All Politics Is Local
Walking is the thing for very pregnant ladies, because very pregnant ladies don't want to be pregnant anymore, and word has it walking is good for bringing about the endgame. The last bit of being pregnant, comprised entirely of endless, writhing, inconsolable discomfort, is the little secret no one tells you about until you pass 36 weeks, and then it's all, "Oh, yeah, you're there, it's the worst, sorry I didn't warn you."
Not that a warning would have done any good. Hearing about it is one thing; experiencing it is entirely another, and there ain't no bridge to span that chasm. My wife is so thoroughly and completely pregnant that, if the schedule holds true, I will be the father of a daughter the next time you see my by-line on this page. She is nothing-for-it pregnant. She is just-be-over pregnant. We are at DEFCON 4 and waiting for word from the front.
So we walk. And we walk. And we walk. Slowly, surely, steadily, from hoot to holler and back to hoot, we walk.
On Wednesday, we walked all over downtown Boston, from Dalton St. to Boylston St. to Newbury St., through the Prudential Mall and the Copley Mall and back to Dalton St., and even stopped by the old bar to see Phil and Suzi and Ashley...and then we walked some more.
While we were walking, I saw a plane flying low overhead and towing a banner...but before I tell you about that, I need to explain a few things. First, Stephen Lynch and Ed Markey are running for the Democratic nomination to win John Kerry's open Senate seat. Second, Lynch and Markey were set to debate each other Wednesday night. Third, the Boston Bruins were playing the hated, despised, despicable, flop-happy Montreal Canadiens that same night, and at stake was first place in the conference.
The banner being towed by that plane accused Stephen Lynch of being a Canadien's fan. Seriously: someone paid to wing a plane and a banner over Boston to attack Lynch for supporting the Habs. Getting smeared as a Habs fan around here is about as bad as you can get, short of a photograph of Lynch sitting in Derek Jeter's lap. I've been around pretty much every kind of politics - ward, town, city, county, state and federal - and that banner was about the best example of "Tip O'Neill politicking" I've seen in a long time.
What is "Tip O'Neill politicking"?
"All politics is local."
That is the lesson I intend to teach my daughter. As silly as it sounds to take a life lesson from a plane banner spouting sports nonsense, whoever did that was taking a page from Tip O'Neill's well-worn playbook.
Do what you can within reach of your arm, I will tell her, because anything you touch is part of a tapestry that reaches far and wide, even unto the highest and mightiest seats of power. Do what is possible within reach of your arm, make the weak mighty and give the voiceless a clarion call right where you are, where you live and breathe, within reach of that strong, sure arm. Do what you can, always.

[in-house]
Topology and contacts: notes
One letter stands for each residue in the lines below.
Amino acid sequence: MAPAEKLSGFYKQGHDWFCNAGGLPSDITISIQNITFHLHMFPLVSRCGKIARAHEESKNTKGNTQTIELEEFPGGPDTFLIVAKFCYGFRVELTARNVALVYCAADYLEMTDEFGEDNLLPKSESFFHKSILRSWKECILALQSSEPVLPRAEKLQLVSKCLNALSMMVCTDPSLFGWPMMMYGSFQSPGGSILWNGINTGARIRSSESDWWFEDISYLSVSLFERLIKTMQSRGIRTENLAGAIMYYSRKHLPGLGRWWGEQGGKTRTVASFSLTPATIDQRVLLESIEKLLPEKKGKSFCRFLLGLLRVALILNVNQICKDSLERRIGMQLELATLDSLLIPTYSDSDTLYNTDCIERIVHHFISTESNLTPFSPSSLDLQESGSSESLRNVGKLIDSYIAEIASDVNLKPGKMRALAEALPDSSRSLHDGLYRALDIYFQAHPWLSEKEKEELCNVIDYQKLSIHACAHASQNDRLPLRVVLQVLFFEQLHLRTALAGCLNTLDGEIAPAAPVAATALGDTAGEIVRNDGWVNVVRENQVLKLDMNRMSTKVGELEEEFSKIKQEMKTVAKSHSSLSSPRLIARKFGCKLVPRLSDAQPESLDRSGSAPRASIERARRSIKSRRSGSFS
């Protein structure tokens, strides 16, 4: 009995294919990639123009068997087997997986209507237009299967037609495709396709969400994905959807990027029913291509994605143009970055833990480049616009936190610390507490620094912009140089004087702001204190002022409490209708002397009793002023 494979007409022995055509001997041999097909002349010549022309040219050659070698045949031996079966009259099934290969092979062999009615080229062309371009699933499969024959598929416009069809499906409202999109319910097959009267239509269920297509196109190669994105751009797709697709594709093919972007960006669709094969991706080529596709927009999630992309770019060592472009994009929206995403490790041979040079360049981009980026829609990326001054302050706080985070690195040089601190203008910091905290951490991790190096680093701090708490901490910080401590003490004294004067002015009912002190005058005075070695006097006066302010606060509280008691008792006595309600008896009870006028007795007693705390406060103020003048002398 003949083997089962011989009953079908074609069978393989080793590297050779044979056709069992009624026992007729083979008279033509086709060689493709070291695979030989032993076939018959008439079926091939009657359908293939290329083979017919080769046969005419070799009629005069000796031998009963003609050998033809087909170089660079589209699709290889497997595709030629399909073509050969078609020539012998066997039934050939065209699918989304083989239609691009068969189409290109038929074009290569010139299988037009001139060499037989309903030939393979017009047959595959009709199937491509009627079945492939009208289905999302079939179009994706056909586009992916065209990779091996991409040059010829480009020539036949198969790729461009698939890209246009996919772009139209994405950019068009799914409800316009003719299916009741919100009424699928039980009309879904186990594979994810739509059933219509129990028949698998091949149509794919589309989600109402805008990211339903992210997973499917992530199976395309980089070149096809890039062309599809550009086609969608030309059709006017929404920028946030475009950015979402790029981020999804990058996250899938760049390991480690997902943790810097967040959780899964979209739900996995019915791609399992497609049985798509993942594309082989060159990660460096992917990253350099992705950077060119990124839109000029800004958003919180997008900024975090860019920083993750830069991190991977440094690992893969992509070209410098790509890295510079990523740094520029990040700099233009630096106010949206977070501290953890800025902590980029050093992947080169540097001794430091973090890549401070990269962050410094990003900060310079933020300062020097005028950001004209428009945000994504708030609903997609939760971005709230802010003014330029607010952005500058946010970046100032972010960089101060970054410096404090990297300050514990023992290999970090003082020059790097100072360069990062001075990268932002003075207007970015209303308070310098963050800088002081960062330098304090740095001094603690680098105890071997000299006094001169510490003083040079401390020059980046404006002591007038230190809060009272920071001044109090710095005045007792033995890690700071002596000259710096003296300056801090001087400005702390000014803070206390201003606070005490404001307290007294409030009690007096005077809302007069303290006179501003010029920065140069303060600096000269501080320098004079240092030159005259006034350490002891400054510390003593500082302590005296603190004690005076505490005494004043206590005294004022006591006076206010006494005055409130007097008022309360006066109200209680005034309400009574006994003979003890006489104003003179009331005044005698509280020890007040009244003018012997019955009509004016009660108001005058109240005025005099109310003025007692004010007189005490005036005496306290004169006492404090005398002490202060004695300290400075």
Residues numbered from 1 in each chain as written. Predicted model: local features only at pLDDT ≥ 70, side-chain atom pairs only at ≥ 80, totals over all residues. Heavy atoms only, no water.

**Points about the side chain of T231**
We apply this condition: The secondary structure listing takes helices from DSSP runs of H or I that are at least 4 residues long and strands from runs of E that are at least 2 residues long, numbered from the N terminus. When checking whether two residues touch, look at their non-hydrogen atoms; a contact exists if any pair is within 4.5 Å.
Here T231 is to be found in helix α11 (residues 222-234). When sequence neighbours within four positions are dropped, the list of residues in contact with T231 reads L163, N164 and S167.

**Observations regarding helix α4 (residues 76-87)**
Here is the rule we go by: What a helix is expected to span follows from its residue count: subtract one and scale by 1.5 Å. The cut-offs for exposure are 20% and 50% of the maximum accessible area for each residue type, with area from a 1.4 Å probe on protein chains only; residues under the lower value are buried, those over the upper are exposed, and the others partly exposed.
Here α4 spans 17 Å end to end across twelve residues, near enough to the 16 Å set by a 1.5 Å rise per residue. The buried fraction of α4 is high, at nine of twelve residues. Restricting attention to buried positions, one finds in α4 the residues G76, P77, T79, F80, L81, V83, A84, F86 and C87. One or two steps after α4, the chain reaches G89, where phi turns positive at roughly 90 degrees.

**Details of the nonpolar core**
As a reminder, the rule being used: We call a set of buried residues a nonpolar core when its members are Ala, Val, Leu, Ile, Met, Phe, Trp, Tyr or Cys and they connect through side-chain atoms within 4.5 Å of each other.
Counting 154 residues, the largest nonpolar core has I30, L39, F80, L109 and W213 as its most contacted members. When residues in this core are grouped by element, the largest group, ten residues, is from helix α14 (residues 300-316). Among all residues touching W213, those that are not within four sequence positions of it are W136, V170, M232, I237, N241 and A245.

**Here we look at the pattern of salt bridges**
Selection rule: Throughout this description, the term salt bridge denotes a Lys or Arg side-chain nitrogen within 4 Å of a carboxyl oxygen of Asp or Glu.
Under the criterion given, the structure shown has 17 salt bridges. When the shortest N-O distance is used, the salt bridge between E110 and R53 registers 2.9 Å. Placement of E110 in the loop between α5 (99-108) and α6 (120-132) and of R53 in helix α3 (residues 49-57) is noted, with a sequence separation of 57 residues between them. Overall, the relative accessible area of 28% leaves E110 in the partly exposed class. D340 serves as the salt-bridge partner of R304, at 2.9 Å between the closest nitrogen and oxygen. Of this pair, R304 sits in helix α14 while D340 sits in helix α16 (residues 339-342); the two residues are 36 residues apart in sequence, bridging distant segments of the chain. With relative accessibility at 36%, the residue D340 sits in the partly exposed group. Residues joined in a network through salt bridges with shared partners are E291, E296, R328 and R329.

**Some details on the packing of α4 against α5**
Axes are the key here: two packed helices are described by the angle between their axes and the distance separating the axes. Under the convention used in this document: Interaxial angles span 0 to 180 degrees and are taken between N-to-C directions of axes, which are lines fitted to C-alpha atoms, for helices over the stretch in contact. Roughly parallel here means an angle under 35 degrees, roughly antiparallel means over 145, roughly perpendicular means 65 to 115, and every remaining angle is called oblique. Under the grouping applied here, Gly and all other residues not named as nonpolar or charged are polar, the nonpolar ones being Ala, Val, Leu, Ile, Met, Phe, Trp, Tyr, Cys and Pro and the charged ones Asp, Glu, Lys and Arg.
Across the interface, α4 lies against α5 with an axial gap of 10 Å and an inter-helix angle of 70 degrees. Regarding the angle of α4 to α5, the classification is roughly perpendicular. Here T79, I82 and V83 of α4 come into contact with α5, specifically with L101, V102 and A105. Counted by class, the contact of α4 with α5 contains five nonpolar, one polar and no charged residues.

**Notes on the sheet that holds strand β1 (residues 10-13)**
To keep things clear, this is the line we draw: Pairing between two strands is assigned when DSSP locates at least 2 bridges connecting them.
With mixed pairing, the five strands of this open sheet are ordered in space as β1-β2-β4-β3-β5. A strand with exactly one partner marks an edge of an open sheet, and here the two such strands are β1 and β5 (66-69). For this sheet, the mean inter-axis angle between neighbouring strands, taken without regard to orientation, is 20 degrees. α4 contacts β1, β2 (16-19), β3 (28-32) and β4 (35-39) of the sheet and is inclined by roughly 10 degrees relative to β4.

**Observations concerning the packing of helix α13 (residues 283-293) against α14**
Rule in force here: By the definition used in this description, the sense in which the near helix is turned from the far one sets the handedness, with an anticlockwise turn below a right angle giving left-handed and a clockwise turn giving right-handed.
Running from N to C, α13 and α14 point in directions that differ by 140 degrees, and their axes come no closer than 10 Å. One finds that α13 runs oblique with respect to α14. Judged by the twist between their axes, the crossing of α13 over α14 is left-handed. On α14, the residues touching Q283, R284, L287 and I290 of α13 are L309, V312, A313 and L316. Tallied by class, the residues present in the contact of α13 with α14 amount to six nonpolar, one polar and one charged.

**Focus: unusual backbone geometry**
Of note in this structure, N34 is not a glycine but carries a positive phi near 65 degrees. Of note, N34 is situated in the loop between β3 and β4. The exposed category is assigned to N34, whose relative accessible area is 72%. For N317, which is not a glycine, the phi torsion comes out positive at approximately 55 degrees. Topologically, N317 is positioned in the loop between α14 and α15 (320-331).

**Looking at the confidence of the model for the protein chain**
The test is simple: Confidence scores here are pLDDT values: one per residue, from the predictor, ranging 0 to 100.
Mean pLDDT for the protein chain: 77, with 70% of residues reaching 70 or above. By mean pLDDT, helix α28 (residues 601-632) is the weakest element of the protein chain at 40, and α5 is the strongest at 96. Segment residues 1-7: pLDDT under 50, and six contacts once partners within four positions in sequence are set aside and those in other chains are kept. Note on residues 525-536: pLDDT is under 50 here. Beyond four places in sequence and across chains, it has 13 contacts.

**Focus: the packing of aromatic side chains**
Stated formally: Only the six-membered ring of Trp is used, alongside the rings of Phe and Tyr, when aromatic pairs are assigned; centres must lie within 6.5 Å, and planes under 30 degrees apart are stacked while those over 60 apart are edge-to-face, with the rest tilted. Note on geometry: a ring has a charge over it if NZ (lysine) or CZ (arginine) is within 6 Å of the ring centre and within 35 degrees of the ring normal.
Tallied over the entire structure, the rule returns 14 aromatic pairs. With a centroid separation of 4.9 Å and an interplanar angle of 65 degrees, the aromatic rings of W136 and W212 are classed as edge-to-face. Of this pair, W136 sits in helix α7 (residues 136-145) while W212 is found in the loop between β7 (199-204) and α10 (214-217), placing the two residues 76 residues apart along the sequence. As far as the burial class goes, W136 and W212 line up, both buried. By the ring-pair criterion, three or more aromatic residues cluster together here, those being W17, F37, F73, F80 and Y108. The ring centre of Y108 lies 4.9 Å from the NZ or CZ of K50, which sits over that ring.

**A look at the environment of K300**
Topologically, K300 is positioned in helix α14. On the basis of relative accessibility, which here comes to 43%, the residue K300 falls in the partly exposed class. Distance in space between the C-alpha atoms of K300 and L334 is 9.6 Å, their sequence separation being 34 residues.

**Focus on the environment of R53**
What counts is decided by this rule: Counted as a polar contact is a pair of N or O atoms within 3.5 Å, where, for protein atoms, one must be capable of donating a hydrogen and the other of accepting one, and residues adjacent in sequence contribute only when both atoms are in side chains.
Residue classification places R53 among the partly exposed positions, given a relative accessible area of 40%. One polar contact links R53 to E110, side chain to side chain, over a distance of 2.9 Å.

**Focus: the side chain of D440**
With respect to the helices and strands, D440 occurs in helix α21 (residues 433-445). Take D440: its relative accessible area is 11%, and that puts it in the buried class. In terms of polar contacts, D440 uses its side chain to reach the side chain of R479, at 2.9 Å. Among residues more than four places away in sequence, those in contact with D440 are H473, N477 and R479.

Too simple? I hope not. I felt her moving against my hand later that night, felt that strong, sure arm pushing against my palm. It does not get any more local than that. We haven't even met, this young lady and I, but I can feel her force and will. My wife can feel it in triplicate. I think my daughter is strong. I hope she is strong. She will have to be, whether she likes it or not.
My daughter will come into a world where the "War on Terror" is what the "Cold War" was for me. My daughter will come into a world where wars in Iraq and Afghanistan still smolder, just as I was born into a world where the war in Vietnam still smoldered, and would for another four years. My daughter will come into a world controlled by a fortunate few who sup on the suffering of the rest. My daughter will come into a world where Boston may cease to exist because the ocean is rising to claim it. My daughter will come into a world that will terrify her, and she won't understand why it is the way it is.
I will have to explain all that to her. I will have to tell her about low men who worship their money even as they throw the cross in the faces of the people, because it is easy to pick the pocket of someone on their knees. I will have to tell her about hate, and wrath, and pettiness, and greed, and about all the harm that cruelty and selfishness can do once it has found a seat in the human heart.
And when she comes to wonder what can be done, I will tell her of Daniel Berrigan, and read to her some lines he wrote long ago:
Some stood up once, and sat downSome walked a mile, and walked awaySome stood up twice, then sat down"I've had it" they said.Some walked two milesthen walked away"It's too much," they cried.Some stood and stood and stood.They were taken for foolsThey were taken for being taken inSome walked and walked and walkedThey walked the earthThey walked the watersThey walked the air"Why do you stand," they were asked"and why do you walk?""Because of the children," they said"And because of the heart"And because of the bread,""Because the cause is the heart's beatAnd the children bornAnd the risen bread."
I will tell her: within reach of your arm, do what you can.
In the meantime, we walk.
Copyright, Truthout. William Rivers Pitt is a Truthout editor and columnist. He is also a New York Times and internationally bestselling author of three books: "War on Iraq: What Team Bush Doesn't Want You to Know," "The Greatest Sedition Is Silence" and "House of Ill Repute: Reflections on War, Lies, and America's Ravaged Reputation." He lives and works in Boston.